H2R CPA Blog
Tax Reform Resource Center
by Rick Tonarelli, CPA, Tax Senior Manager
Effective January 1, 2018, Pennsylvania requires payors of certain PA source income to withhold PA income tax from such payments. The withholding pertains only to non-employee compensation and business income (including royalties and bonuses) paid to non-resident individuals (or disregarded entities with a non-resident owner), for which a Federal 1099-MISC will be filed. Withholding of tax is required for payments of $5,000 or more annually, and is optional on payments of less than $5,000.
In general, governmental payors are exempt from this requirement, including The United States government, the Commonwealth of Pennsylvania, their agencies, instrumentalities, and any political subdivisions of Pennsylvania.
A payment is considered "non-employee compensation" if it is made to: (i) someone who is not your employee; and (ii) for services in the course of your trade or business.
Further, lessees of PA real estate making "lease payments" to non-resident lessors are also required to withhold personal income tax on such payments. Residential rental payments are exempt from the withholding requirement.
The withholding amount is equal to the specified rate, which is currently 3.07%, multiplied by the gross amount paid.
In circumstances where the payor is unsure of the total amount of annual payments, it is recommended to withhold and remit PA income tax on all payments to the payee.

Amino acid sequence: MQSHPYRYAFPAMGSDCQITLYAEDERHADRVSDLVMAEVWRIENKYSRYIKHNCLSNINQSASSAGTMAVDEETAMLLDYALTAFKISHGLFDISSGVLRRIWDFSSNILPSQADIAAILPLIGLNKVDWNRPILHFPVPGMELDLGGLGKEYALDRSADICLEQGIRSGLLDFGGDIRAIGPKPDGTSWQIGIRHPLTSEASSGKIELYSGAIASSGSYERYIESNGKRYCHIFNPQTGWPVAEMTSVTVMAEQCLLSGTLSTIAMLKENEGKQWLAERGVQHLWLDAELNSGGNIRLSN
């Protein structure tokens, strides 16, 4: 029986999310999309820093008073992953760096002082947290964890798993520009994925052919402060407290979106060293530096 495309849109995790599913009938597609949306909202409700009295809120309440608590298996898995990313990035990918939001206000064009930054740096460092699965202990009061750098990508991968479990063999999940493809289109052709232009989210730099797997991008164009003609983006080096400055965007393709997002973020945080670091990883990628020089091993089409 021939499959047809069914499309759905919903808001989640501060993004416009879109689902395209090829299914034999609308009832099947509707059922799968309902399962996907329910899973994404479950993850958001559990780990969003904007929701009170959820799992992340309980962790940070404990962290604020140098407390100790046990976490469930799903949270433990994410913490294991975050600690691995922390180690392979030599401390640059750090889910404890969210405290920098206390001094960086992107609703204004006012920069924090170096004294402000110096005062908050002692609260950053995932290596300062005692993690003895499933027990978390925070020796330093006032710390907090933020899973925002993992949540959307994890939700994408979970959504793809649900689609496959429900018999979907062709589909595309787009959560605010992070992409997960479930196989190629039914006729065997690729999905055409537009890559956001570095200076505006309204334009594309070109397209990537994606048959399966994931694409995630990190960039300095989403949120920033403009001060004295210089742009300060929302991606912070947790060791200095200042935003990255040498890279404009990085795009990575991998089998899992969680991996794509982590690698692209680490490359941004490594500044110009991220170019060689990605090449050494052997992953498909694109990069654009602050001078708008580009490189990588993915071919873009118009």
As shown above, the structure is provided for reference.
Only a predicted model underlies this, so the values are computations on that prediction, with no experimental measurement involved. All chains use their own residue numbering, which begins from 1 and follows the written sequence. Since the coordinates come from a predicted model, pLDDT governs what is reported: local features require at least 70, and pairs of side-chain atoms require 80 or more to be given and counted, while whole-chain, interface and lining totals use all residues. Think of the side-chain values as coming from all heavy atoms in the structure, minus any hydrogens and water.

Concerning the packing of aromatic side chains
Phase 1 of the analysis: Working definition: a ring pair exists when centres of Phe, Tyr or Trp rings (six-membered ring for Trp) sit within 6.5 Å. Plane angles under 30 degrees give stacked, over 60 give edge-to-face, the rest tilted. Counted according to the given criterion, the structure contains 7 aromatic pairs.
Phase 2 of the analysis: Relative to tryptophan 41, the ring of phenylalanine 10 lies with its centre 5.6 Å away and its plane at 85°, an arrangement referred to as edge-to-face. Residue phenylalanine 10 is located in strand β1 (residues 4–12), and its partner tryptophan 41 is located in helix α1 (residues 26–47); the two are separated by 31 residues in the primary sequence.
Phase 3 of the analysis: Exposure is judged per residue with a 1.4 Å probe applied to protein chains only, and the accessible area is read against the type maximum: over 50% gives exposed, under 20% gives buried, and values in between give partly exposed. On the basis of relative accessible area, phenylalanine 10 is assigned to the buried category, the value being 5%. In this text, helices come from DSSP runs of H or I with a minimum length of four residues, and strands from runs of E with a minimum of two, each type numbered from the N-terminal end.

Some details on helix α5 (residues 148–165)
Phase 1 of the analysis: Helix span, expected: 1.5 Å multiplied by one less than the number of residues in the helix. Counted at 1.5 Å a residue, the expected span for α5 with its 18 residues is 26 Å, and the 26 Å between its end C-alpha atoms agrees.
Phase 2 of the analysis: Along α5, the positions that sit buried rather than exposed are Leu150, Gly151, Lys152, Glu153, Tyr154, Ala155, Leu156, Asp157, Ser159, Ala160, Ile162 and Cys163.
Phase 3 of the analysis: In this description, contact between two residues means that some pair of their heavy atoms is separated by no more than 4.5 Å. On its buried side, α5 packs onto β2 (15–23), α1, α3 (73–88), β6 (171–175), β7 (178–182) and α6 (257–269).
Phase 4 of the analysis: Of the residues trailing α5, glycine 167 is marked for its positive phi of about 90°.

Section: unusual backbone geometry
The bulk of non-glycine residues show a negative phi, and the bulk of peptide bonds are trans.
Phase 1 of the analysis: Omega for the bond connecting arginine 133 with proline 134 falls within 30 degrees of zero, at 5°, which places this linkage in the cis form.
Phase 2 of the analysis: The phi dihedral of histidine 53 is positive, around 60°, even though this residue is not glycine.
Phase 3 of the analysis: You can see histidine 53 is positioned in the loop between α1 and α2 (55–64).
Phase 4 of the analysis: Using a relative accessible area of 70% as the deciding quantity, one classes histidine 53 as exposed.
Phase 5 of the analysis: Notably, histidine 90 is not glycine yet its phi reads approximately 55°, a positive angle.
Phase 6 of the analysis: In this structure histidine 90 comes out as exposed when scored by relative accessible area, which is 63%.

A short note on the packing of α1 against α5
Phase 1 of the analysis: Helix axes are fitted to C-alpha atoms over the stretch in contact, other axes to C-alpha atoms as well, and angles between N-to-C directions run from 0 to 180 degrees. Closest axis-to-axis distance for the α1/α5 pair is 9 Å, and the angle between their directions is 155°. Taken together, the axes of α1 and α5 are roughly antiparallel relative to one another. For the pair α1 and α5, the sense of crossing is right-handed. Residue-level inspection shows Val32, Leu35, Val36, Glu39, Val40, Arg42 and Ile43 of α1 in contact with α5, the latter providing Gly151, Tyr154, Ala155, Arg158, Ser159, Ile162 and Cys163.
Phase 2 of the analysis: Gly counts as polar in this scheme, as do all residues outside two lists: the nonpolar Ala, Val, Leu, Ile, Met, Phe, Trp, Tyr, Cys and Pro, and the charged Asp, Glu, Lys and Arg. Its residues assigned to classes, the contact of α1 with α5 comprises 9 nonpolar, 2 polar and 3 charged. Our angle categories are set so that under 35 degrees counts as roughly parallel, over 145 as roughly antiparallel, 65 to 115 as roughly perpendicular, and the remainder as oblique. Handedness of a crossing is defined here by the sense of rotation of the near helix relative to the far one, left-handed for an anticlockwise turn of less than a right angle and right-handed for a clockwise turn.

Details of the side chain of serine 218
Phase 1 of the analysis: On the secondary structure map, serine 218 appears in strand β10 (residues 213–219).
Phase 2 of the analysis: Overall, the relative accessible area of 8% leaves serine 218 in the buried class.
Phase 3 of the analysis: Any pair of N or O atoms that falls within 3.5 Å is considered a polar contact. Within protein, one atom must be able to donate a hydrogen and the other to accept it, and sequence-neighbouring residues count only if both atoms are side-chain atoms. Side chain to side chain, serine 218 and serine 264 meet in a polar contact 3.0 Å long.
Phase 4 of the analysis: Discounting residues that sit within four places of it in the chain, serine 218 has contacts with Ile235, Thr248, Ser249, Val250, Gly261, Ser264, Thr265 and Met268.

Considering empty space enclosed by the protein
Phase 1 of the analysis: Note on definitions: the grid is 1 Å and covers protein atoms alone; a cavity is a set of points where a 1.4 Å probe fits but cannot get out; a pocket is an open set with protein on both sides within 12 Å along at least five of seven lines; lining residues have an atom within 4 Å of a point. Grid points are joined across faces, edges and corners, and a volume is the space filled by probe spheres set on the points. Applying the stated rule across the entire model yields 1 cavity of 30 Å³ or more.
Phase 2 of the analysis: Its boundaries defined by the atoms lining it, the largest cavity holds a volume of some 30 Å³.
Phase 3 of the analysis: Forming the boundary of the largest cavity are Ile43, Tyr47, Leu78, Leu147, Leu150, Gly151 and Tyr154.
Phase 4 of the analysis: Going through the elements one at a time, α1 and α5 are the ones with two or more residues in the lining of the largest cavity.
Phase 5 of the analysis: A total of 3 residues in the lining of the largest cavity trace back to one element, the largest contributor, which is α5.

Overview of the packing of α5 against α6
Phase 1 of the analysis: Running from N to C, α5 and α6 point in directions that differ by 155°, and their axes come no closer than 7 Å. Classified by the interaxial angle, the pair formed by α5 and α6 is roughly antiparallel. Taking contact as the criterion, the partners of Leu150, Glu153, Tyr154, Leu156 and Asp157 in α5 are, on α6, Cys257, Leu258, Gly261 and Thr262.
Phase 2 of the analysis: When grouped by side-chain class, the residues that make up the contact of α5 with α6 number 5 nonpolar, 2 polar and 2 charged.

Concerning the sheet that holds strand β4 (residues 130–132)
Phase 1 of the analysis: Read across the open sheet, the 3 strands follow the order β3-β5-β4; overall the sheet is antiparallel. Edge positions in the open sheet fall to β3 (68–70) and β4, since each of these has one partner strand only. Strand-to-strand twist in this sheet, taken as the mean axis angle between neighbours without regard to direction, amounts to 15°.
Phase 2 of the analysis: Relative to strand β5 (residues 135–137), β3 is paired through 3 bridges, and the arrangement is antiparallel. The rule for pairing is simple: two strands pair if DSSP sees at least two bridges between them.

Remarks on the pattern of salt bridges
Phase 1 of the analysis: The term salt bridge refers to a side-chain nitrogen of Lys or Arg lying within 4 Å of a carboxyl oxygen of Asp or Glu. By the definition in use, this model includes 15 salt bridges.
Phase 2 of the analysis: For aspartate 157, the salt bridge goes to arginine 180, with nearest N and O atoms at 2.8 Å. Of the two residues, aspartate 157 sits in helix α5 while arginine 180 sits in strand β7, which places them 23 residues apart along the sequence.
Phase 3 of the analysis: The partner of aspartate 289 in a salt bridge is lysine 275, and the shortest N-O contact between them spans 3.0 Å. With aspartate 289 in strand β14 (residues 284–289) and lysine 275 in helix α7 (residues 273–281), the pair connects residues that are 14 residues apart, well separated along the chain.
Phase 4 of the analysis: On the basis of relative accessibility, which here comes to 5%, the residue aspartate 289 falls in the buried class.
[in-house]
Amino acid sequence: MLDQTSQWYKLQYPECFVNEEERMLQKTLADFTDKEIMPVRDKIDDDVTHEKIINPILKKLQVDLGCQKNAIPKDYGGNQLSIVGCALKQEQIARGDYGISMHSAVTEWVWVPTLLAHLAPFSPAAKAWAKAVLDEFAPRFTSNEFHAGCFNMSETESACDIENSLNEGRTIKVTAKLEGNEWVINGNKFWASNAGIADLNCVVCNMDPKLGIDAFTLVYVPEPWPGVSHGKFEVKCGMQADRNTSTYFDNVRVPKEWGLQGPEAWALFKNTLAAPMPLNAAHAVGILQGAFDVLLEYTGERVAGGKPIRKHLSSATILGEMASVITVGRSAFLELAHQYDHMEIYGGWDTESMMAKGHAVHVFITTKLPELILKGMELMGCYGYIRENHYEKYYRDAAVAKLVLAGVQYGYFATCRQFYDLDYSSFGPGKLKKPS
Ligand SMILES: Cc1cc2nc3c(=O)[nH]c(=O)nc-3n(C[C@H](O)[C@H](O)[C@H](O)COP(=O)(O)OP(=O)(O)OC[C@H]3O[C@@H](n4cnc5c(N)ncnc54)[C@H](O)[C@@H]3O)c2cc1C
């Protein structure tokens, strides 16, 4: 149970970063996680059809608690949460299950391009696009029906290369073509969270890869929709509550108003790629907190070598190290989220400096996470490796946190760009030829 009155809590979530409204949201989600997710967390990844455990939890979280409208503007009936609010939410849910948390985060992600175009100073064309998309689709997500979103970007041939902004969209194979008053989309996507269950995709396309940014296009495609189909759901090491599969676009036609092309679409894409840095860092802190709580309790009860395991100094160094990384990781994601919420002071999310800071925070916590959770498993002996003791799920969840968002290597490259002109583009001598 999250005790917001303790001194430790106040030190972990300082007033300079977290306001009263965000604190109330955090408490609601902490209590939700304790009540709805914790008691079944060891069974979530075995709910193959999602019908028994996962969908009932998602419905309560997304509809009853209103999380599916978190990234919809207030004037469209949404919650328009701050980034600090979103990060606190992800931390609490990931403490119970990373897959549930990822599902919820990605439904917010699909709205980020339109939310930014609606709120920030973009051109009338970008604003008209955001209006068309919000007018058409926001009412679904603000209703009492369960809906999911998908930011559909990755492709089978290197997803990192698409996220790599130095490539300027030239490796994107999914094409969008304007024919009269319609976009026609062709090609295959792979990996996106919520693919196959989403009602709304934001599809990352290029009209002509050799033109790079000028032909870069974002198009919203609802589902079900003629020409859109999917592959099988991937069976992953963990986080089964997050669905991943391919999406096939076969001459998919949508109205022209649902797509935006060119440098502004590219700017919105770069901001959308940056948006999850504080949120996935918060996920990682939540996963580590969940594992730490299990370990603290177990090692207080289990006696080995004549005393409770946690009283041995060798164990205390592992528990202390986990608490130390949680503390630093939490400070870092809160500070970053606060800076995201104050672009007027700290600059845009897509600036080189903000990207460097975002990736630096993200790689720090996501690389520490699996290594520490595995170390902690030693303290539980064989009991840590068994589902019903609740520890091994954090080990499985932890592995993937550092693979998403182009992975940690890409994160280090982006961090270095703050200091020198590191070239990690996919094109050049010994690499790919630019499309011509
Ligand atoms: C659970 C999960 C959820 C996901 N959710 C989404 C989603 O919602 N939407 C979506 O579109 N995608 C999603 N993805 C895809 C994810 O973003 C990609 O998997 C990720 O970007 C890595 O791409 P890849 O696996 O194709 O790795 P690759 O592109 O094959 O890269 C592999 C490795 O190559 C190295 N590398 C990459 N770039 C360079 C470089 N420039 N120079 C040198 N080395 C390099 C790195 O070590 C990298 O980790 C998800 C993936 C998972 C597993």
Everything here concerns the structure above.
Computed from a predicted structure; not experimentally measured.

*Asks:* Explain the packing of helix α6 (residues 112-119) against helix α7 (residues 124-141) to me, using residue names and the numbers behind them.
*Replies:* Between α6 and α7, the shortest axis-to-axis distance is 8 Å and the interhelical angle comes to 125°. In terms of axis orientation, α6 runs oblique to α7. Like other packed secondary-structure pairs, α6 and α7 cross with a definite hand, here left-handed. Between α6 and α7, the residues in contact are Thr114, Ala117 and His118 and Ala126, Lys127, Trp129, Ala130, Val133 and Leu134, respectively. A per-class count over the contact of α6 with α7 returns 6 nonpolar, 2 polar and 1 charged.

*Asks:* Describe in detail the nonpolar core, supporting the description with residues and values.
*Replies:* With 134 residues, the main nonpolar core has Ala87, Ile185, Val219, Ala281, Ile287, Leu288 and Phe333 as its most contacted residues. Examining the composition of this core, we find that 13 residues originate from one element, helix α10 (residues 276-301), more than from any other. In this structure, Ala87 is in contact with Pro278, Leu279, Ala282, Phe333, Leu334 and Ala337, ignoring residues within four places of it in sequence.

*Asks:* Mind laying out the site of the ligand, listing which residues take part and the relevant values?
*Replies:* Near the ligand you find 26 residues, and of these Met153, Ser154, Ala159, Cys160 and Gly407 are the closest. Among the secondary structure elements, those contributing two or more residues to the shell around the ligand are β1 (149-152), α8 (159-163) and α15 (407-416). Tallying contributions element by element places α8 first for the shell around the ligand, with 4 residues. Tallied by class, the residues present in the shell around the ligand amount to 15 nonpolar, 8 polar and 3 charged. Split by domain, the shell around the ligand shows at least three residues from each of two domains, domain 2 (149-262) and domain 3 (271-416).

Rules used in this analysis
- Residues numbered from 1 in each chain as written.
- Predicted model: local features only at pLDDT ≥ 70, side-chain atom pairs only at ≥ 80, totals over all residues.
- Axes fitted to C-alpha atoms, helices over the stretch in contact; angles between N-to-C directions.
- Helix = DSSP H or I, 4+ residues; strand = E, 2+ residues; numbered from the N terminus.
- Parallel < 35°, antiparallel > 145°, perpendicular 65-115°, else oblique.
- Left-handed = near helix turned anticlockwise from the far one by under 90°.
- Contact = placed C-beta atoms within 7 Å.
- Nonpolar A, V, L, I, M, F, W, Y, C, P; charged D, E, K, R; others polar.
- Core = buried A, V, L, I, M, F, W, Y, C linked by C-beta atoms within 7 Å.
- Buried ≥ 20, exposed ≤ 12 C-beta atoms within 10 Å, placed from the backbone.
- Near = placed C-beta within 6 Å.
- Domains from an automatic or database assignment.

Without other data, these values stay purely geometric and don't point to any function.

by Bill Bodnar, CPA, MST, Tax Director
The Tax Cuts and Jobs Act was signed by President Trump on December 22, 2017. The Act represents the most comprehensive change to the Internal Revenue Code since 1986. There have been a number of changes affecting all taxpayers, and to assist in identifying those which may impact you, we have put together a summary of the major provisions from the new legislation. Generally, most of these changes will become effective in 2018.
The new legislation will produce both opportunities and drawbacks that differ from taxpayer to taxpayer. Many of the specific rules for implementing the new laws will require further guidance from Treasury, which will be issued in 2018. We certainly understand that each taxpayer is unique, so we look forward to working individually with each of our clients to ensure the proper treatment of these new rules and to implement the most advantageous tax approach. Please feel free to contact us at H2R CPA with any follow-up questions or insight that may be of interest to you.
Highlights and some details of the new law are provided in the attached letter.
Contact H2R CPA at 412-391-2920 or email@example.com for additional details or interpretation related to the Tax Cuts and Jobs Act, as needed. Our tax team members would be pleased to assist you with your tax planning.
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